Part of the busy Wandsworth Road sits at the bottom of a steep slope, and to get to the top, in one place is a steeply sloping alley, with the charming name of Matrimony Place that leads up to an old church.
The alley is rarely named on maps, but the name seems to have been around for a long time, probably as long as the church has. John Rocque’s map of 1746 shows the church and the barrier between two fields pretty much where the alley is today.
The earliest record of the alley’s name I can find is when it’s mentioned in Lady’s Magazine in 1815, where the location was a suitable one for a public proclamation on Valentine’s Day. Greenwood’s map of 1828 frustratingly puts the map name right on top of where the alley is so we can’t quite see it. The name still existed in 1865 though, as it appears in a list of street names of London.
OS Maps of the area in the 1890s shows the area developed much as it is today, with the Wandsworth Road lined with houses, and the alley snaking up between them to the church, with the steps clearly marked.
The alley had homes facing into it, as the addresses pop up occasionally in newspaper reports of petty crime, but awkwardly, by 1924, the only address listed in the alley was the rather less romantic Clapham Mortuary.
Apart from the obvious association with marriage and the nearby church, it’s been a struggle to find out why the alley is called Matrimony Place. A newspaper reference in 1946 says the area was known as Matrimony Place, but I can’t seem to find any corroborating evidence for that.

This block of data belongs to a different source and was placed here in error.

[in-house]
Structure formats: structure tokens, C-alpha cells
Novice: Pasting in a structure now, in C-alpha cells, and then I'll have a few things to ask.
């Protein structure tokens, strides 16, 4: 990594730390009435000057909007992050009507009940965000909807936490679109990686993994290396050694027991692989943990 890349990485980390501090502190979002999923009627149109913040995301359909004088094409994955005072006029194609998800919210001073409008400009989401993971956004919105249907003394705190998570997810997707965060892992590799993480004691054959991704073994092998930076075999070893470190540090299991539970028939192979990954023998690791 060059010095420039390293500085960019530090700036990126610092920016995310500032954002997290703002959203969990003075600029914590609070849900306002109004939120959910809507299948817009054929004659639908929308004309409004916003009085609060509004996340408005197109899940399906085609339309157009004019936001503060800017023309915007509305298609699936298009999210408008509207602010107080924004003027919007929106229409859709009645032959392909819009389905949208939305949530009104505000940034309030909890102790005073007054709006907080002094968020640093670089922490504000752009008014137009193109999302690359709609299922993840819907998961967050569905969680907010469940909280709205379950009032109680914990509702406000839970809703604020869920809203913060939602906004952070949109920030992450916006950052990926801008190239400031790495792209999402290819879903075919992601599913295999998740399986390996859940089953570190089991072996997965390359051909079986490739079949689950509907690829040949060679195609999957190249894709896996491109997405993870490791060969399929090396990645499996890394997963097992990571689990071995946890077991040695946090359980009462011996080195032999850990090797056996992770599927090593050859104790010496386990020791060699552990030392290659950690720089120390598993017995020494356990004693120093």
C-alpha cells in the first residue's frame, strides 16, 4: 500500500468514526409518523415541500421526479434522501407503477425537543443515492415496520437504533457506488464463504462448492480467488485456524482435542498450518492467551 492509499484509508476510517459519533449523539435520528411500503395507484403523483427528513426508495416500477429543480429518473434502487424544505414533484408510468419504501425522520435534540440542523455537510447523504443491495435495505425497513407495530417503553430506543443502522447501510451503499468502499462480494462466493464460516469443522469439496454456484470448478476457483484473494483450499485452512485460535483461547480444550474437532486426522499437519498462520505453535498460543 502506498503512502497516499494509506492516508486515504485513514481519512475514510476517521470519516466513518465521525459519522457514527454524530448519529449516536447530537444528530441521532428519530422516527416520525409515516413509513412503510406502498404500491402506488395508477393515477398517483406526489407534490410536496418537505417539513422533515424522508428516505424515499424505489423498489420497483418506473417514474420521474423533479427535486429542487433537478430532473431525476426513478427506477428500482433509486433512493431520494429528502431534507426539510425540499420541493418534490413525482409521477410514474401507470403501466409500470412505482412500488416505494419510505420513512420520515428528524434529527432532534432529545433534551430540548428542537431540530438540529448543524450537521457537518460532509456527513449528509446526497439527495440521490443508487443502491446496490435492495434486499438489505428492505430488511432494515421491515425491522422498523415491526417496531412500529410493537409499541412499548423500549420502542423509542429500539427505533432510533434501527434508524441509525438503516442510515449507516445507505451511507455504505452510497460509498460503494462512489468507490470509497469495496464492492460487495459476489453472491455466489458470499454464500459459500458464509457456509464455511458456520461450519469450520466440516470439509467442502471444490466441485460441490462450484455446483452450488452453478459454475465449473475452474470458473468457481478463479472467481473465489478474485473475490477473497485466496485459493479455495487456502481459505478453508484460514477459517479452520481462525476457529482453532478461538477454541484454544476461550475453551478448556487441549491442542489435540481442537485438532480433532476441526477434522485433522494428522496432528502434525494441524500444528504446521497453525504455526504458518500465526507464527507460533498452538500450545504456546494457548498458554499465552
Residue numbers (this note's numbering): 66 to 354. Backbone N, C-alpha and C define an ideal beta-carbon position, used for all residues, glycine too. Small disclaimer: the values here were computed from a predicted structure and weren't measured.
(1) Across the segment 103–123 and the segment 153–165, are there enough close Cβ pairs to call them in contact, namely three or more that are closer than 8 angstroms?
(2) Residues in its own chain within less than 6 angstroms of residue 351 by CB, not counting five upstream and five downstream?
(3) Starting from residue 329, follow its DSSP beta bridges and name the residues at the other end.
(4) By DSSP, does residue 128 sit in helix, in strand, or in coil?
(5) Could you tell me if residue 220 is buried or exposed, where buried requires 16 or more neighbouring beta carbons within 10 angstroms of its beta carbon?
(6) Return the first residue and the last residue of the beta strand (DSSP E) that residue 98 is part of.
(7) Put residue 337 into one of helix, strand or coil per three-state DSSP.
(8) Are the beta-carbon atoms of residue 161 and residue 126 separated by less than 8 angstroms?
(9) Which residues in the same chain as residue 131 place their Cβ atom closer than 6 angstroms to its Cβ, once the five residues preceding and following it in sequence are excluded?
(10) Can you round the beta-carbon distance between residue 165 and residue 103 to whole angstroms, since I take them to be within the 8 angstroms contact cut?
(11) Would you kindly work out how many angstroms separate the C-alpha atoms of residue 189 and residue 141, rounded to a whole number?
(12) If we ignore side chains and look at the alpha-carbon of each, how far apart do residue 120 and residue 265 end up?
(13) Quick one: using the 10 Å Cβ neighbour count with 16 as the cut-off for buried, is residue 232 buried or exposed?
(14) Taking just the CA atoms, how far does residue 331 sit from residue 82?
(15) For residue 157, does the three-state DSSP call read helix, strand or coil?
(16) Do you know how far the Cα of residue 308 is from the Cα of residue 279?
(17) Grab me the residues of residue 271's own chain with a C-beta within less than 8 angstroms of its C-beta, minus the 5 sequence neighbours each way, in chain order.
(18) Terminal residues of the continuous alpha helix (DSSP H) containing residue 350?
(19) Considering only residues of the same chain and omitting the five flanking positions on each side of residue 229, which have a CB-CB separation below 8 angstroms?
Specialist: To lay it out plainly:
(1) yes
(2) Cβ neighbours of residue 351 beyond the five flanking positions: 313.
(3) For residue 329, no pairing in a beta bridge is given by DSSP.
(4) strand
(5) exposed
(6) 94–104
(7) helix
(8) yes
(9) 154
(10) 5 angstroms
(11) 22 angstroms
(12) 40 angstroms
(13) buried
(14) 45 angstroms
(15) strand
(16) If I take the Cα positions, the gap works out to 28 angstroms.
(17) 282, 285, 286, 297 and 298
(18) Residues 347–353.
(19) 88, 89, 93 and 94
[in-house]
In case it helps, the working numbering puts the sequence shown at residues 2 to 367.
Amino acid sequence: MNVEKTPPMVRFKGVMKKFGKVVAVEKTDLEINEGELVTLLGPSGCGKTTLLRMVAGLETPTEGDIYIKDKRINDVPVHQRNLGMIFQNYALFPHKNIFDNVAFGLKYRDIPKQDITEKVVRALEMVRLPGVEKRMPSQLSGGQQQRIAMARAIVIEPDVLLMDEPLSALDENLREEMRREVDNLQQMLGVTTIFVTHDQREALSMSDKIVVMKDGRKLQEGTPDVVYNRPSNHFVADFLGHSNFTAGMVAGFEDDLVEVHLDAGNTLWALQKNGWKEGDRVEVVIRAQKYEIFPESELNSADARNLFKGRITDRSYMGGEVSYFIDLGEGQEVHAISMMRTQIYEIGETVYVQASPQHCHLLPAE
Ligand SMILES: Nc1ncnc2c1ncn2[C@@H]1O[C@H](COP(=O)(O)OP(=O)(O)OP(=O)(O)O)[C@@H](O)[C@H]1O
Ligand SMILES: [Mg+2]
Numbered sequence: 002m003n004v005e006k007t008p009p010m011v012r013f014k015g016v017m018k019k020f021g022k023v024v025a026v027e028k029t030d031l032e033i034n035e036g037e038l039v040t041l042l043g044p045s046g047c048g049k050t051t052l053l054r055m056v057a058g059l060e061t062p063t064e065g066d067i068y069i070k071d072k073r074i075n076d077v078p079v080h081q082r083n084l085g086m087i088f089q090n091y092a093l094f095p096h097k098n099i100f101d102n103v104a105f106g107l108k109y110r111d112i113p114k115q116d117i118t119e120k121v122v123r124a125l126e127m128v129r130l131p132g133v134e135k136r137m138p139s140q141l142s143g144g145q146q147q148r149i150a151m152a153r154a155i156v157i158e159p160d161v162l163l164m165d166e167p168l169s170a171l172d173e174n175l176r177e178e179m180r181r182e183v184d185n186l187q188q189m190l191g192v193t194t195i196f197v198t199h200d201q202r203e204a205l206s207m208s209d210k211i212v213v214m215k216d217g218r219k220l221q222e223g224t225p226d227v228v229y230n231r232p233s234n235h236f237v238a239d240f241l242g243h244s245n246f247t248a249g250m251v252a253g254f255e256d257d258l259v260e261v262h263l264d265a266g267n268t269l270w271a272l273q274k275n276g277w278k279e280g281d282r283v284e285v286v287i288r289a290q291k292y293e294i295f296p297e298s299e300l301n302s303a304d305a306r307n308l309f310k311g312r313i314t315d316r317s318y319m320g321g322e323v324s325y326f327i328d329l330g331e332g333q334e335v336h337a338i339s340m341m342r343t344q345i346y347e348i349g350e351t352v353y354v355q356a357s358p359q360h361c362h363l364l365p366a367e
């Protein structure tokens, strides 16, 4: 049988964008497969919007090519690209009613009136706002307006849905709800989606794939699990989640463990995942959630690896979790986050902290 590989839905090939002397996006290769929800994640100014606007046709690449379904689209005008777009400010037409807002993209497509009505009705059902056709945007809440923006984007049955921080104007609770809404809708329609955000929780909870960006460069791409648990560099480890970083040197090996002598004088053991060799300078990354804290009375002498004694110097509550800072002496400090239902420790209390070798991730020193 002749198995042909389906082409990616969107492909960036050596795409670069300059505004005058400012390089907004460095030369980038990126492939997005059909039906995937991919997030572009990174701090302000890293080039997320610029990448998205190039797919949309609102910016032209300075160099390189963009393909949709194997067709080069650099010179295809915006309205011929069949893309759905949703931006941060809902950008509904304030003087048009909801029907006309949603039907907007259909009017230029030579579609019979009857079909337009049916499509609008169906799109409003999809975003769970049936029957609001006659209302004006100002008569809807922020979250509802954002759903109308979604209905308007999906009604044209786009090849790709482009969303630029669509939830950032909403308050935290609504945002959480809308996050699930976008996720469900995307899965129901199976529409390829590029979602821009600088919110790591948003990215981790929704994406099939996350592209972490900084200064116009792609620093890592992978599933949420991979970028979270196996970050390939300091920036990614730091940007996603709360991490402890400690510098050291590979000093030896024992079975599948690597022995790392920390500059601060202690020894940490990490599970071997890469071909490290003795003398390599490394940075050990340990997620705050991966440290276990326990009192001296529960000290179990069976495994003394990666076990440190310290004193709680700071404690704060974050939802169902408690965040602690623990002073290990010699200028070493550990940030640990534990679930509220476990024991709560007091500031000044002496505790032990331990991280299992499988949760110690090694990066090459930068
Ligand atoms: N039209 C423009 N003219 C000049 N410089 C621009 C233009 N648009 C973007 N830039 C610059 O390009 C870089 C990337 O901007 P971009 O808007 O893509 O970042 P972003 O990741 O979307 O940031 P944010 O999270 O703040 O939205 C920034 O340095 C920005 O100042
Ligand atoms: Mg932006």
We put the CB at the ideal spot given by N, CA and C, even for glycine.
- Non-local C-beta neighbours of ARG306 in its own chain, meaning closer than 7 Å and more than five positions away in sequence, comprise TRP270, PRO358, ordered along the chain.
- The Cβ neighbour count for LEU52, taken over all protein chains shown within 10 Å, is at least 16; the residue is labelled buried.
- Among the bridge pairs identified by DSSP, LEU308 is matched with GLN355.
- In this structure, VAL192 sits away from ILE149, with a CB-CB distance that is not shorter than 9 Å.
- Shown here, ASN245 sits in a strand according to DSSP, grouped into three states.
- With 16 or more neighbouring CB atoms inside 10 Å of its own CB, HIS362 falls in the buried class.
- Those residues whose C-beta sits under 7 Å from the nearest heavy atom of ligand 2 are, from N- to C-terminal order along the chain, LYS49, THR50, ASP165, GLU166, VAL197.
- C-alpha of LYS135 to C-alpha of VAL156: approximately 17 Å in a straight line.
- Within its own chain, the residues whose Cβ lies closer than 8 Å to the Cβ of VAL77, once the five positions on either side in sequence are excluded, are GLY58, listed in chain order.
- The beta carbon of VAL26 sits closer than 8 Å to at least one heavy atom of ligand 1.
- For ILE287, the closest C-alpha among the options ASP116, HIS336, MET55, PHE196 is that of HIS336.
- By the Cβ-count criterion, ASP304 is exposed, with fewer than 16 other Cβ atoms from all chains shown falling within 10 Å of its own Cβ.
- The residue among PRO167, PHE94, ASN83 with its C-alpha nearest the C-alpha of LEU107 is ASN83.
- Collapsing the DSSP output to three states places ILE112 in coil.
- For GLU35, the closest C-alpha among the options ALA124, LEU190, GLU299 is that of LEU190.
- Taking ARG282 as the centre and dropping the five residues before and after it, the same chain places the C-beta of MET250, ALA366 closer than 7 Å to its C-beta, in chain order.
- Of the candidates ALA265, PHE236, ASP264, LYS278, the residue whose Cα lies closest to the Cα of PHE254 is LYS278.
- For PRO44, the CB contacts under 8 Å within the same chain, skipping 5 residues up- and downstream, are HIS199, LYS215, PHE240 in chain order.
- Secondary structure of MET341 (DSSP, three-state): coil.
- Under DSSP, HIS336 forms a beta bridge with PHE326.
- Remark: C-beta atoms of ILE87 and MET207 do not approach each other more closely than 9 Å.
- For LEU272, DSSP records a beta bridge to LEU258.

What’s interesting is that the 1946 newspaper article makes mention of the 29 steps, that lead up to the church as if it’s a well-known local custom to walk up to the church for a wedding as that the steps bring good luck to the married couple. The steps do provide a very good location of a photo though, with the married couple standing in front with their family on the steps behind.
At a best guess, people going to church would have found the steps up to the church from Wandsworth Road a much more convenient route than the winding streets around the back, and as many a couple heading to be married there would have gone up the same passage, that’s where the name came from. But it’s just an educated guess.
Today, it’s still there, although the cast-iron railings that line the alley are relatively recent, dating from a turn of the millenium renovation of the alley.
It had originally been lined with iron railings, but they were removed during WW2, and replaced with concrete pillars and mesh netting strung between them. That was at some point replaced with some very municipal steel railings, but hardly appealing. At the turn of the century, Julian Lush organised the renovation of the alley to make it a bit more appealing.
Unfortunately, the revamping of the alley doesn’t seem to have solved the problem that people were complaining about 20 years ago, and the local police are still having to target the alley for drug dealing.
So maybe an alley to visit during the daytime, with a friend, or to get wed.
And yes, it does have 29 steps.
This article was published on ianVisits
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